Tūranga opened on Friday 12 October 2018. We did a bit of a historical re-enactment with the Tūranga staff.
Back in 1982, staff were moving into their fab new digs on Gloucester Street. In 2013, librarians were clearing out stuff from their old workplaces in the Central Library. In 2018, Tūranga staff were excited about opening to the public.
Kids can win awesome prizes by filling out this special online survey. All you have to do is help name Tūranga’s intergalactic heroes, the Bookbots.
During the month of July, local primary and intermediate students can vote on their favourite names for the digital characters and go in the draw to win prizes, including a real-life interactive robot for their school, with training provided by PBTech, and a class workshop with Imagination Station. Bluetooth speakers from Spark and giant Bookbot wall decals are also up for grabs.
Voting is open to local primary and intermediate students until 31 July 2018 (limited to one entry per student).
As we move ever closer to the opening of Tūranga, it can be interesting to reflect and look back on how far libraries have come in the last few decades. Looking at our fabulous digital collections I hit a fascinating and poignant vein of images of Christchurch libraries past.
Particularly poignant is this image of staff in 1982 outside the new – now old – central library on the corner of Gloucester Street and Oxford Terrace. It feels very symbolic of change, and hope, and the unexpected – and was recreated in 2013.
Another image shows behind the scenes views of Canterbury Public Library from the 1950s. Lots of stamping and binding and indexing going on! I’m glad to say that our wonderful Bindery is still going strong, but I think we look a little different behind the scenes these days – still heaps of books, but much more technology.
Two more views show cataloguing and processing in the 1960s and 1950s. We still do a considerable amount of cataloguing and getting items shelf ready, but we certainly don’t have tables like that any more, nor do we wear the legendary smocks!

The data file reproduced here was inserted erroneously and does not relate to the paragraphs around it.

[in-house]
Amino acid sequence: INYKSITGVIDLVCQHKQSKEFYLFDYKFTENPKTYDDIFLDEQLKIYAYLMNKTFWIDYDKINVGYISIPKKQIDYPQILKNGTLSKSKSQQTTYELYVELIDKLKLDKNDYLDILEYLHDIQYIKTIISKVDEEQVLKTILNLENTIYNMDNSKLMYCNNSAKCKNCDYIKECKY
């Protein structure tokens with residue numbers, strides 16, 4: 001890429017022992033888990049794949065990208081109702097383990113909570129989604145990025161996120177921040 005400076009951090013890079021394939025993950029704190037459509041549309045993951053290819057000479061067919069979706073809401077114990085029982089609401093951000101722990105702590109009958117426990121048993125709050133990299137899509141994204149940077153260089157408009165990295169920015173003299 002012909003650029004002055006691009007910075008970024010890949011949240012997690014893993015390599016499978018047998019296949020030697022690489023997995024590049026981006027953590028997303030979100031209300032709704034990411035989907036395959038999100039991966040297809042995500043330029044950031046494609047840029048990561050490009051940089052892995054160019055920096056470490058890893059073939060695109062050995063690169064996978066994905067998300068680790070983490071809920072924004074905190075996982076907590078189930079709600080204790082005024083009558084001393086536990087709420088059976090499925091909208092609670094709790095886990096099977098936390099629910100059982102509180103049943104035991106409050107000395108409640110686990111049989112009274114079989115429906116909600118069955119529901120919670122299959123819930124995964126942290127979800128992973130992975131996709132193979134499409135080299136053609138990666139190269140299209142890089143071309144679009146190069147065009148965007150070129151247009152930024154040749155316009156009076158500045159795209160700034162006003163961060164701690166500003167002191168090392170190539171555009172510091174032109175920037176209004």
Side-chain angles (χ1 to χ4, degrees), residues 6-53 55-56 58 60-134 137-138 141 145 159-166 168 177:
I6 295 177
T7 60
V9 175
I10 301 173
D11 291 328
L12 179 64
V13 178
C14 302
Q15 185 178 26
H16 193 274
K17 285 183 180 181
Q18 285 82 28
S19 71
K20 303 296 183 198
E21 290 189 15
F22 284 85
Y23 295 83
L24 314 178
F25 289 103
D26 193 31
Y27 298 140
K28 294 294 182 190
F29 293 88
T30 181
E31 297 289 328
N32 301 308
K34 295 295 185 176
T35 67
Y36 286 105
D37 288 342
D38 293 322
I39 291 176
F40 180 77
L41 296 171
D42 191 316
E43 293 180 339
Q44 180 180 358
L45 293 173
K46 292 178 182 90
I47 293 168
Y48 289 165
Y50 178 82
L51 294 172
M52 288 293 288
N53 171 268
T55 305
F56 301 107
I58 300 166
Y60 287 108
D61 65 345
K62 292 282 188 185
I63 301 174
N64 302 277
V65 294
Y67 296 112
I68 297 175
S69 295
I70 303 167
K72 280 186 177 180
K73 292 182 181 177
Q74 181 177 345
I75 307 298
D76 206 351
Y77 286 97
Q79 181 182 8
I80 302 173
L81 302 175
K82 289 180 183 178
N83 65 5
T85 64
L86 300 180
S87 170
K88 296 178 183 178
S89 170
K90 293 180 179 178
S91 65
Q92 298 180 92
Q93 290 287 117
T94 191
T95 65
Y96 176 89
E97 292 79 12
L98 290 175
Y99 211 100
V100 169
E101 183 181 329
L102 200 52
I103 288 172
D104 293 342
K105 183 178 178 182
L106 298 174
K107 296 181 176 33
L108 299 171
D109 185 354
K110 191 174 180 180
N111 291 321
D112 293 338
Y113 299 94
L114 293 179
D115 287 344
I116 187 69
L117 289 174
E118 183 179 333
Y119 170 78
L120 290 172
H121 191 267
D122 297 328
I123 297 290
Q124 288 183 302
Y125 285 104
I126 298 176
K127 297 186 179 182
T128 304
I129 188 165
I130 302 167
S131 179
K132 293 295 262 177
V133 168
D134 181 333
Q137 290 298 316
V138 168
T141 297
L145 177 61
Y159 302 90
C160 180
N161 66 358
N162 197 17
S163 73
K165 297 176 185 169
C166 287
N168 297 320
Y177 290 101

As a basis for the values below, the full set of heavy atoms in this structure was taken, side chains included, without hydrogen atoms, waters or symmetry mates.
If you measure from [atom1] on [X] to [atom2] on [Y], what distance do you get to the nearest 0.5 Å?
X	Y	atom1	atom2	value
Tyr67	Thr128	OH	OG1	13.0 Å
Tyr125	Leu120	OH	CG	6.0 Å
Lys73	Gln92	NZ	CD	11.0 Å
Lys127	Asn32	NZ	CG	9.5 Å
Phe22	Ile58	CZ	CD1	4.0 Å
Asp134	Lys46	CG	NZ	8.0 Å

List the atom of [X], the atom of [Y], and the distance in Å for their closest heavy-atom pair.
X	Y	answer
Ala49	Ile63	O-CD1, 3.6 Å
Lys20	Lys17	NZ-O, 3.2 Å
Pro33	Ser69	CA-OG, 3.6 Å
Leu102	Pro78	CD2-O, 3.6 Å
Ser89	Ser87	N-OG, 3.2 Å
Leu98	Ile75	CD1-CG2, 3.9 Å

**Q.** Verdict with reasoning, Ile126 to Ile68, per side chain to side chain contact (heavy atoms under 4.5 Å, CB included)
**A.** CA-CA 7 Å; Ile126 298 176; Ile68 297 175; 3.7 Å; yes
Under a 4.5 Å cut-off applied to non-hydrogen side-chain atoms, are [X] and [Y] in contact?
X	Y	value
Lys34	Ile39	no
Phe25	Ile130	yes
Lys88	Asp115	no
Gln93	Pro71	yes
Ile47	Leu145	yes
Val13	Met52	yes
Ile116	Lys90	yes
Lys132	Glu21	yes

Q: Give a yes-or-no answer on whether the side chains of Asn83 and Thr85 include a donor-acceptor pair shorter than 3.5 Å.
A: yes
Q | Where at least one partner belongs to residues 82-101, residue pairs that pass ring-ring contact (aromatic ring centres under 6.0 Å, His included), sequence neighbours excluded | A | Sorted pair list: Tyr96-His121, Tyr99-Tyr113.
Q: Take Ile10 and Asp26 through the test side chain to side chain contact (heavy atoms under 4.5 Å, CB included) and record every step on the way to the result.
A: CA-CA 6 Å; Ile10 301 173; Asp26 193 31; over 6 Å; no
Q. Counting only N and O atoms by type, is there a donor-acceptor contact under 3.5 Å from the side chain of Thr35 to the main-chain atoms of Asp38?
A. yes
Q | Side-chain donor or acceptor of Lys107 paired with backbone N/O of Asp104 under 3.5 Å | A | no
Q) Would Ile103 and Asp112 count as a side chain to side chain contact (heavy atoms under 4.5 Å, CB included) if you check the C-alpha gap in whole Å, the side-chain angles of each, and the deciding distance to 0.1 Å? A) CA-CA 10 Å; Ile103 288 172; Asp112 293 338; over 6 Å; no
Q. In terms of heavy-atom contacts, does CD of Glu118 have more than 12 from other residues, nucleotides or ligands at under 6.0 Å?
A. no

I love looking at photos like this. It’s great to look at where we have come from as we plan our move ahead into the future. However, as much as we have changed, some things do stay the same – piles of books and librarians working hard to connect you with wonderful content.
It is on the corner of Manchester and Allen Street – close to Moorhouse Avenue. It may also be the only library in New Zealand with a view of a Harley-Davidson shop.
There will be a bit of a collection shuffle as part of this move. Ngā Pounamu Māori and Ngāi Tahu collections at Central Library Peterborough will be unavailable from Monday 13 January to Sunday 19 January 2014 inclusive. Family History, microfilm and microfiche collections at Central Library Peterborough will be unavailable from Thursday 16 January to Sunday 19 January 2014 inclusive. These collections will be available at Central Library Manchester when it opens.
Central Library Manchester will be the place to go for researchers, especially those needing our Māori and Family History resources.
The future plans for the central city mean the Central Library is going to be demolished; we are saying goodbye.
Christchurch City Libraries began in 1859 as a Mechanics Institute collection in temporary premises in the then Town Hall in High Street. In 1863 the library moved to a wooden building on the corner of Hereford Street and Cambridge Terrace. The wooden building was replaced with a handsome brick building in 1901 and this was the Central Library until 1982.